Amy Ratto Parks, EdD
Ridge Research Awards Information
The Ridge Library, housed at the The Learning Center at St. Patrick Hospital, is an important resource in the medical humanities. With a growing collection of about 1800 books and monographs, as well as many journals, the Ridge Library serves as a resource for health care providers, scholars and students who are interested in the rich nexus between community and individual health/healthcare and the humanities. Works in history, ethics, art, film, theater, literature, biography, anthropology, sociology and other fields allow users to gain insights into the very human experiences of health and illness and the provision of healthcare. Ridge scholars have the opportunity to enhance the collection through acquisitions related to their field of inquiry.
For this round of scholarships, applications related to health disparities and inequity, narrative medicine, storytelling, end-of-life care options, climate change and health, suicide and community response to suicide, and social determinants of health are particularly encouraged, although all topics that fit within the general guidelines will be considered. A focus on these issues in the Missoula region is encouraged but not required provided the research is relevant to that area. “Research” includes scientific and Humanities research and creative works that involve exploration at the nexus of health/healthcare and humanities. Examples of appropriate creative works include a short film, play or art piece suitable for public presentation. All applicants must be able to articulate the relationship of the humanistic content of their project to health and/or healthcare.
The Ridge Research Awards foster student research that utilizes the resources in the Ridge Collection and other resources. Two categories of Awards will be made, one limited to undergraduate students and the other open to graduate students. Up to five awards of $1000.00, payable in two installments, are available.
There is a general expectation that the research will be completed, or advanced enough, in time for the student to present at a Ridge Symposium, although applicants with meritorious projects with a completion date slightly later will be considered for presentation in conjunction with later events. Applicants are strongly encouraged to consult and possibly collaborate with someone directly involved in providing health care or who is working in the community health setting.
- Undergraduate students must have completed at least two years of college and have junior or senior standing at the University of Montana
- Graduate students must be officially enrolled in a masters or doctoral program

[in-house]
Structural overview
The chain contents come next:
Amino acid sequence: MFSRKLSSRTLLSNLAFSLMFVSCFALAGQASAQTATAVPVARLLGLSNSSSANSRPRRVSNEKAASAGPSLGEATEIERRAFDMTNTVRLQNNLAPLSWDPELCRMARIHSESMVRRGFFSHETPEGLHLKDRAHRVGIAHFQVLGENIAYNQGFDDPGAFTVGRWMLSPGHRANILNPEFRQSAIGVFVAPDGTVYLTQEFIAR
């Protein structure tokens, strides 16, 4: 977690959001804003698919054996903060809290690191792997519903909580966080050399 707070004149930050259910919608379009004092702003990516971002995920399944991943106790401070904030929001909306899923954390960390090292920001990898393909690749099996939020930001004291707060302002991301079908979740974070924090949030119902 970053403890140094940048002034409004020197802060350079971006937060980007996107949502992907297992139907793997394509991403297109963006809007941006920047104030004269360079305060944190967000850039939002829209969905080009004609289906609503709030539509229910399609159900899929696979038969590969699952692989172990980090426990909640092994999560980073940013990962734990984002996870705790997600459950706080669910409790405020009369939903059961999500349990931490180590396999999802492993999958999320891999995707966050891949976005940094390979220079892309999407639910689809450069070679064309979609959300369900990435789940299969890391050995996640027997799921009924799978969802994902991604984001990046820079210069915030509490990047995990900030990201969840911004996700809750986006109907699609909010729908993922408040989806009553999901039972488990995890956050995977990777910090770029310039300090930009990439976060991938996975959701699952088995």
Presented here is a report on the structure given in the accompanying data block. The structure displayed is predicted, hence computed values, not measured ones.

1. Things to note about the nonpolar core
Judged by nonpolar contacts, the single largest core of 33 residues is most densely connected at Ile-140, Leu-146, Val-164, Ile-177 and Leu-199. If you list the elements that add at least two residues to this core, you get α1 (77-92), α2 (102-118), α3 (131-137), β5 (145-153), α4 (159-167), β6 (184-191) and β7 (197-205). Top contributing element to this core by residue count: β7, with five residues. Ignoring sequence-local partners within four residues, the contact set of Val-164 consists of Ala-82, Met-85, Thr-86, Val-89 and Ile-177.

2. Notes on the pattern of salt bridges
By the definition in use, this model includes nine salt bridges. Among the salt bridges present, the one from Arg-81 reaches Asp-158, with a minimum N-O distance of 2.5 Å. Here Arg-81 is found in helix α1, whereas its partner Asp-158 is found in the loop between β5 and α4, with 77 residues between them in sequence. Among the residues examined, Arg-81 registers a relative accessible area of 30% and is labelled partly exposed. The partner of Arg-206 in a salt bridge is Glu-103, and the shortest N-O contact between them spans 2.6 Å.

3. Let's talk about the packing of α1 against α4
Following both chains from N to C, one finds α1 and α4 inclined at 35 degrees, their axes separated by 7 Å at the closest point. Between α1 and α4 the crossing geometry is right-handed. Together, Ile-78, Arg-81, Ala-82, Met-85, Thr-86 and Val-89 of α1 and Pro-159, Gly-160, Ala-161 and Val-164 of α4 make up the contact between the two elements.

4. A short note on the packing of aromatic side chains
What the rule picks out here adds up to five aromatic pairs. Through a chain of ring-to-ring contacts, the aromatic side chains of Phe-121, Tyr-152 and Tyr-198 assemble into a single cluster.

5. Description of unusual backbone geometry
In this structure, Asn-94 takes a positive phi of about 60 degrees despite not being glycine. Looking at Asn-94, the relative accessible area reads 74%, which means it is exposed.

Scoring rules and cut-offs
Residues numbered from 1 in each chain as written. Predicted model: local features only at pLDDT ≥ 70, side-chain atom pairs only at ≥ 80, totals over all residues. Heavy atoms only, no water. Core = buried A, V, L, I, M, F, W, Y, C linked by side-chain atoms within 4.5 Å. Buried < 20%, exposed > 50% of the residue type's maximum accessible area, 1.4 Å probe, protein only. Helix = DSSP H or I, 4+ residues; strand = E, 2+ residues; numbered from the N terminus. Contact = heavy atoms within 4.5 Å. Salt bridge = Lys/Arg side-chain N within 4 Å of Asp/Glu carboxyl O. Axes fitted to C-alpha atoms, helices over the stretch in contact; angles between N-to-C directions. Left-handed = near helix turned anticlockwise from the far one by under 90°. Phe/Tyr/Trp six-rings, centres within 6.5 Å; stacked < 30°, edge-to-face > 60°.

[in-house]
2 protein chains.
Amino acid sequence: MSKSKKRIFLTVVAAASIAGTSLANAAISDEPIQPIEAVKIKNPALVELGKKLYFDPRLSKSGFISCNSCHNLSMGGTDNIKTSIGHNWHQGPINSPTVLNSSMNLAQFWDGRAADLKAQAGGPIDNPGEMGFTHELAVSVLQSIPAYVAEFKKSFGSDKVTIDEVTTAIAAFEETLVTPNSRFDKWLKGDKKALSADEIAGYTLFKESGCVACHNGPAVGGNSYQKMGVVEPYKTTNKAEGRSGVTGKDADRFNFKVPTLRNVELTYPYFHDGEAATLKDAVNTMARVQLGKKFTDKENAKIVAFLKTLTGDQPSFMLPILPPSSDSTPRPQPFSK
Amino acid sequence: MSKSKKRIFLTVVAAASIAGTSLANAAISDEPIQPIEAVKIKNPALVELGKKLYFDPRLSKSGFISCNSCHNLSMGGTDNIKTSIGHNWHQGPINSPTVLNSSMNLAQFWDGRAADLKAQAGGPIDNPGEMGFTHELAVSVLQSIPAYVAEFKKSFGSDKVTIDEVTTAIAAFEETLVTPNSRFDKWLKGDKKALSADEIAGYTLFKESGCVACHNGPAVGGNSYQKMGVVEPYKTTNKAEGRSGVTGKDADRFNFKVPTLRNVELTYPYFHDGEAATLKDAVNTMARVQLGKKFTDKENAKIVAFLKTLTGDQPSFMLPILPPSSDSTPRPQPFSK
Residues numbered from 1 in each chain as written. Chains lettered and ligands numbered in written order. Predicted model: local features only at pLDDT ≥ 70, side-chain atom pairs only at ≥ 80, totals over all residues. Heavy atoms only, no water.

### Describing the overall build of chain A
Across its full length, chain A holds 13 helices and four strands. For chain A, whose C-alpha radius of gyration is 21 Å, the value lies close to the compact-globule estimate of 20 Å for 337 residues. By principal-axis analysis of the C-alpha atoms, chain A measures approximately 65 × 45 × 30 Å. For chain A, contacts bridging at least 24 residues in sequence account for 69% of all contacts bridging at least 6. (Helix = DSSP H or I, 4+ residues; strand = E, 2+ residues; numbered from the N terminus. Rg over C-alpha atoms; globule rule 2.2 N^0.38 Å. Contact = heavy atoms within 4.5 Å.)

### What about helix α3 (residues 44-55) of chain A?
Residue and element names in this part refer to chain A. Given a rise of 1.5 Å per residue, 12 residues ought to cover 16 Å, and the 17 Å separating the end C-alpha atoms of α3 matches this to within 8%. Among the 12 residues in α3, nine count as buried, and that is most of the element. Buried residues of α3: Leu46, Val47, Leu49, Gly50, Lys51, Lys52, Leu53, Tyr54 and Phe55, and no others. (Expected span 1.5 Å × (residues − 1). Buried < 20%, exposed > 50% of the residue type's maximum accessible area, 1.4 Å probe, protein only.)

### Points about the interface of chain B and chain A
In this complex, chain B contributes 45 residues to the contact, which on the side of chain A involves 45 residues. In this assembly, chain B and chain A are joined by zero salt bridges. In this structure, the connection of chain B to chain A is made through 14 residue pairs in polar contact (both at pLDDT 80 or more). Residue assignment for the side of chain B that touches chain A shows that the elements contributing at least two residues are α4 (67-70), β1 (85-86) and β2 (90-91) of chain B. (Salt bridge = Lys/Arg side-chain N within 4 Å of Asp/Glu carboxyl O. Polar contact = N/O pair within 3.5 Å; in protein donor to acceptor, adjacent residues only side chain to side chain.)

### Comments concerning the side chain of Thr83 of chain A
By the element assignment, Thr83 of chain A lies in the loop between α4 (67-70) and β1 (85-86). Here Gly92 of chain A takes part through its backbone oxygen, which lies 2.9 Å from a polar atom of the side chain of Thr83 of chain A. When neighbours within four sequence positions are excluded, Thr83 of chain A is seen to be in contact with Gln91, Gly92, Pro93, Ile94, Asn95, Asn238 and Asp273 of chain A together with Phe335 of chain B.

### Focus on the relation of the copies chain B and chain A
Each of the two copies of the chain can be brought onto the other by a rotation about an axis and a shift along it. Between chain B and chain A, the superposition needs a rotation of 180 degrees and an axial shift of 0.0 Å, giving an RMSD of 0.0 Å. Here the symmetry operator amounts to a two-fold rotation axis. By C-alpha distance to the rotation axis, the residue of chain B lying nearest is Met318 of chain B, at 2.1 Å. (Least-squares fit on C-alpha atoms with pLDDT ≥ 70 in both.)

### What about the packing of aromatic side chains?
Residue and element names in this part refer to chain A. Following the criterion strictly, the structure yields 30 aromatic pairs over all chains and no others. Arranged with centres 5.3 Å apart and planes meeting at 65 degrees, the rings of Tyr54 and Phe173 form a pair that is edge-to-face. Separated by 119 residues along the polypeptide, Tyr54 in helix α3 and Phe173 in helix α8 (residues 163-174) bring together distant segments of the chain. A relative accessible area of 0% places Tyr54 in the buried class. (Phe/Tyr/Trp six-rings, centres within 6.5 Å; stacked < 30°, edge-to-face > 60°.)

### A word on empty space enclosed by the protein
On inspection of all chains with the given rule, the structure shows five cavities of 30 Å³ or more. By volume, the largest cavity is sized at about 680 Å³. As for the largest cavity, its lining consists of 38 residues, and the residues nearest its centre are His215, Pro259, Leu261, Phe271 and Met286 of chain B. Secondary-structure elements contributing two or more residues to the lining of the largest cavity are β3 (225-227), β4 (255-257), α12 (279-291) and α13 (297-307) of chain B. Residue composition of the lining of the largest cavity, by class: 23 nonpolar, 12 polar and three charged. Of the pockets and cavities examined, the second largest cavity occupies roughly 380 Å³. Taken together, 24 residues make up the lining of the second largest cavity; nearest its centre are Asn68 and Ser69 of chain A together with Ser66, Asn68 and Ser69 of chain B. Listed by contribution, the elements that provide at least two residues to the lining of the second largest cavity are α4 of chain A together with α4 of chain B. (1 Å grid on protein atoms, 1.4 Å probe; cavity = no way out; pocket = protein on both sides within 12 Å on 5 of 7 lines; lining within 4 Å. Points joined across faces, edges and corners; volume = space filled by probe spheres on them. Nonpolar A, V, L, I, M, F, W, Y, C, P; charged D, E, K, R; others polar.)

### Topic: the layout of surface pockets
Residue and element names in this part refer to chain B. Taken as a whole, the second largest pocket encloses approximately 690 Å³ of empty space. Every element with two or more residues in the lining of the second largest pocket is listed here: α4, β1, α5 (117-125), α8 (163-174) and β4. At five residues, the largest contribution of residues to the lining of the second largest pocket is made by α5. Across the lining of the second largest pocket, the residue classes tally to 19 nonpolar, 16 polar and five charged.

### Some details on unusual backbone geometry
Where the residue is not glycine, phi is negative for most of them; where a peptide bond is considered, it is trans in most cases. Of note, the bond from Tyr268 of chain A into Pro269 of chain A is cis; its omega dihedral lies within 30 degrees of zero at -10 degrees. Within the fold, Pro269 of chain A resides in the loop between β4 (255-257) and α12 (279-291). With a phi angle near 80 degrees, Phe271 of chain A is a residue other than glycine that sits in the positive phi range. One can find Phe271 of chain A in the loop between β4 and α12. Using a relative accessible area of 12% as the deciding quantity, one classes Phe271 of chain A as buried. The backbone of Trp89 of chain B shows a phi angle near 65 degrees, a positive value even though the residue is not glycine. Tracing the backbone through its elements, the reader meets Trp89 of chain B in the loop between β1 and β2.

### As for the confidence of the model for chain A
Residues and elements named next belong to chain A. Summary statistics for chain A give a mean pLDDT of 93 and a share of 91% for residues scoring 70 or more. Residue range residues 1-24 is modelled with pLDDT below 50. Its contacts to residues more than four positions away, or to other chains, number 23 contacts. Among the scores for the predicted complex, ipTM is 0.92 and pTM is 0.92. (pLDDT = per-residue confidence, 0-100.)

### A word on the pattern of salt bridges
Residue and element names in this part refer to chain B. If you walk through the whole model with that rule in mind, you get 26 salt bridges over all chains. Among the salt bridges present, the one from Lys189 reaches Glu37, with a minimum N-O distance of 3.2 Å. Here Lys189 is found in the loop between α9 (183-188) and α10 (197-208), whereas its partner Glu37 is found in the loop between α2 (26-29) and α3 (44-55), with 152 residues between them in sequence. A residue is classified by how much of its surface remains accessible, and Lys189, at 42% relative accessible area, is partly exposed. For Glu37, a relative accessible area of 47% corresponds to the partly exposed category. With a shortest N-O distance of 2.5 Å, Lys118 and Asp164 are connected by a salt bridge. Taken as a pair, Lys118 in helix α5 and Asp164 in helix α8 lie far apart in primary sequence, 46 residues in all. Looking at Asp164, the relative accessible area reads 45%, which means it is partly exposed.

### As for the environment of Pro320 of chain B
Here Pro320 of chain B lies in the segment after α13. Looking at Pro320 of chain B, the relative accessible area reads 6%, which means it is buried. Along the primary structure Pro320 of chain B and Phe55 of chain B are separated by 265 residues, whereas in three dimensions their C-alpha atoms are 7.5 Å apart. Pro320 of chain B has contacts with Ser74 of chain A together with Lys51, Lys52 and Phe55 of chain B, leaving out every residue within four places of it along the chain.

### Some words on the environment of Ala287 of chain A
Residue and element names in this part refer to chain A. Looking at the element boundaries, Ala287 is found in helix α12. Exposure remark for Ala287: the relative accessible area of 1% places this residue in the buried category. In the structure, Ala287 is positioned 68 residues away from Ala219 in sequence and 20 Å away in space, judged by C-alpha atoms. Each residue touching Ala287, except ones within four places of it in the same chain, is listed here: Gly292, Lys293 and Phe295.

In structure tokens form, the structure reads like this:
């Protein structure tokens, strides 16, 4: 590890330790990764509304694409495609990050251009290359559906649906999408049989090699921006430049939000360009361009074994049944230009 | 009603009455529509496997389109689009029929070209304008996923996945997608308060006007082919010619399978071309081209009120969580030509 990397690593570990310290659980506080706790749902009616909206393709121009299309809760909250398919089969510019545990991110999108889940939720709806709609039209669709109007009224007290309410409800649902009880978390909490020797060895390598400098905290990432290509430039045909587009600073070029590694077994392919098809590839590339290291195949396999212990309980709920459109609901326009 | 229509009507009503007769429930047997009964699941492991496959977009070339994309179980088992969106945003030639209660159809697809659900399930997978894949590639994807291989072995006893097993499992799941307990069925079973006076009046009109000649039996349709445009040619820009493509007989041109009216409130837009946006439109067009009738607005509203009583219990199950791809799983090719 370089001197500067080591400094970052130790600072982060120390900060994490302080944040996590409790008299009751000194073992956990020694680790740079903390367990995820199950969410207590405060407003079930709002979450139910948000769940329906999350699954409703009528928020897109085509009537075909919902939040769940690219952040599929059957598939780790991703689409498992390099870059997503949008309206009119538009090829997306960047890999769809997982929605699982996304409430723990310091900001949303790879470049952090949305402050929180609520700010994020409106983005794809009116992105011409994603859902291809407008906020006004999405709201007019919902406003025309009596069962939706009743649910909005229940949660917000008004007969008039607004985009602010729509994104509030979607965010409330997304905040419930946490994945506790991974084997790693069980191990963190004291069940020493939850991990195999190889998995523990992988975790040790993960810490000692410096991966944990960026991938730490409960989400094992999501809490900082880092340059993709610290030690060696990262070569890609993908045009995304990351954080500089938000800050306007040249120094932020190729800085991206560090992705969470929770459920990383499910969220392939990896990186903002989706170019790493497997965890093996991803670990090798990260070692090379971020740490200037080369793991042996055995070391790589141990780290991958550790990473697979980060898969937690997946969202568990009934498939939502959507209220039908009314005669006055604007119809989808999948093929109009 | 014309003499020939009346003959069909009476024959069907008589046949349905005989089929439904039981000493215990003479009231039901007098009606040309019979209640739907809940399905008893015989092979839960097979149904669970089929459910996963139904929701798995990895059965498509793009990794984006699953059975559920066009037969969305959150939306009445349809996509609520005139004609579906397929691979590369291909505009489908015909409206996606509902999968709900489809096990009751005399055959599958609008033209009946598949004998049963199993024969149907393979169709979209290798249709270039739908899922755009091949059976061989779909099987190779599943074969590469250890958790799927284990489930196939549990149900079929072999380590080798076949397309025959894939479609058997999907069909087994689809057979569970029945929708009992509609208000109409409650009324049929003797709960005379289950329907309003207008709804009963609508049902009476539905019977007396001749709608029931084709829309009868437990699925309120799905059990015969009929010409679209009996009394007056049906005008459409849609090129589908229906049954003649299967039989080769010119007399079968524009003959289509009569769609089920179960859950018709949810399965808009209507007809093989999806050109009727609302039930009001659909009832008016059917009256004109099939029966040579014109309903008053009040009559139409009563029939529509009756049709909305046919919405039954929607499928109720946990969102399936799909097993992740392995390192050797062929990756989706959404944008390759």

- All applicants must have sufficient background in their discipline to conduct meaningful research that utilizes the resources of the Ridge Collection and the ability to develop and carry out a research project or creative work under the guidance of a faculty mentor
- Applicants may be pursuing any major field of study and must have at least a 3.2 overall GPA.
- Undergraduate students must be enrolled for a minimum of 12 credits and graduate students for 9 credits in the semester during which the research and/or creative work will be undertaken.
- A cover sheet (form provided by IHH)
- a brief description (approximately 3-5 pages) of the proposed project, including the objectives of the research and creative work (where applicable) including its relationship to health or healthcare and Humanities (broadly construed), a plan of how the research will be organized and the work completed, and how the resources of the Ridge Collection will be used
- an abstract of no more than 250 words that summarizes the proposal and the methods involved; the abstract should be designed to convince the reader-judge of the project’s merit
- a current transcript
- a letter of support from the faculty mentor
Proposals will be judged by the extent to which they:
- provide a sound thesis and rationale for the project
- demonstrate originality
- note the significance and/or contribution of the work
- are written in a clear and understandable manner
- articulate the relationship between the Humanities and health and/or healthcare in the proposed project
- meet the requirements noted in these guidelines
Successful applicants are expected to make a presentation about his or her research and/or creative work at a Ridge Symposium, unless approved for a later date for presentation in conjunction with another public event.
- Applications are available online.
- Awards will be announced in late spring.
- Upon completion of project, students are to supply brief description of project and how they used the Ridge Library resources.
- Ridge Symposium featuring presentation of research projects and creative works or at a later date upon approval.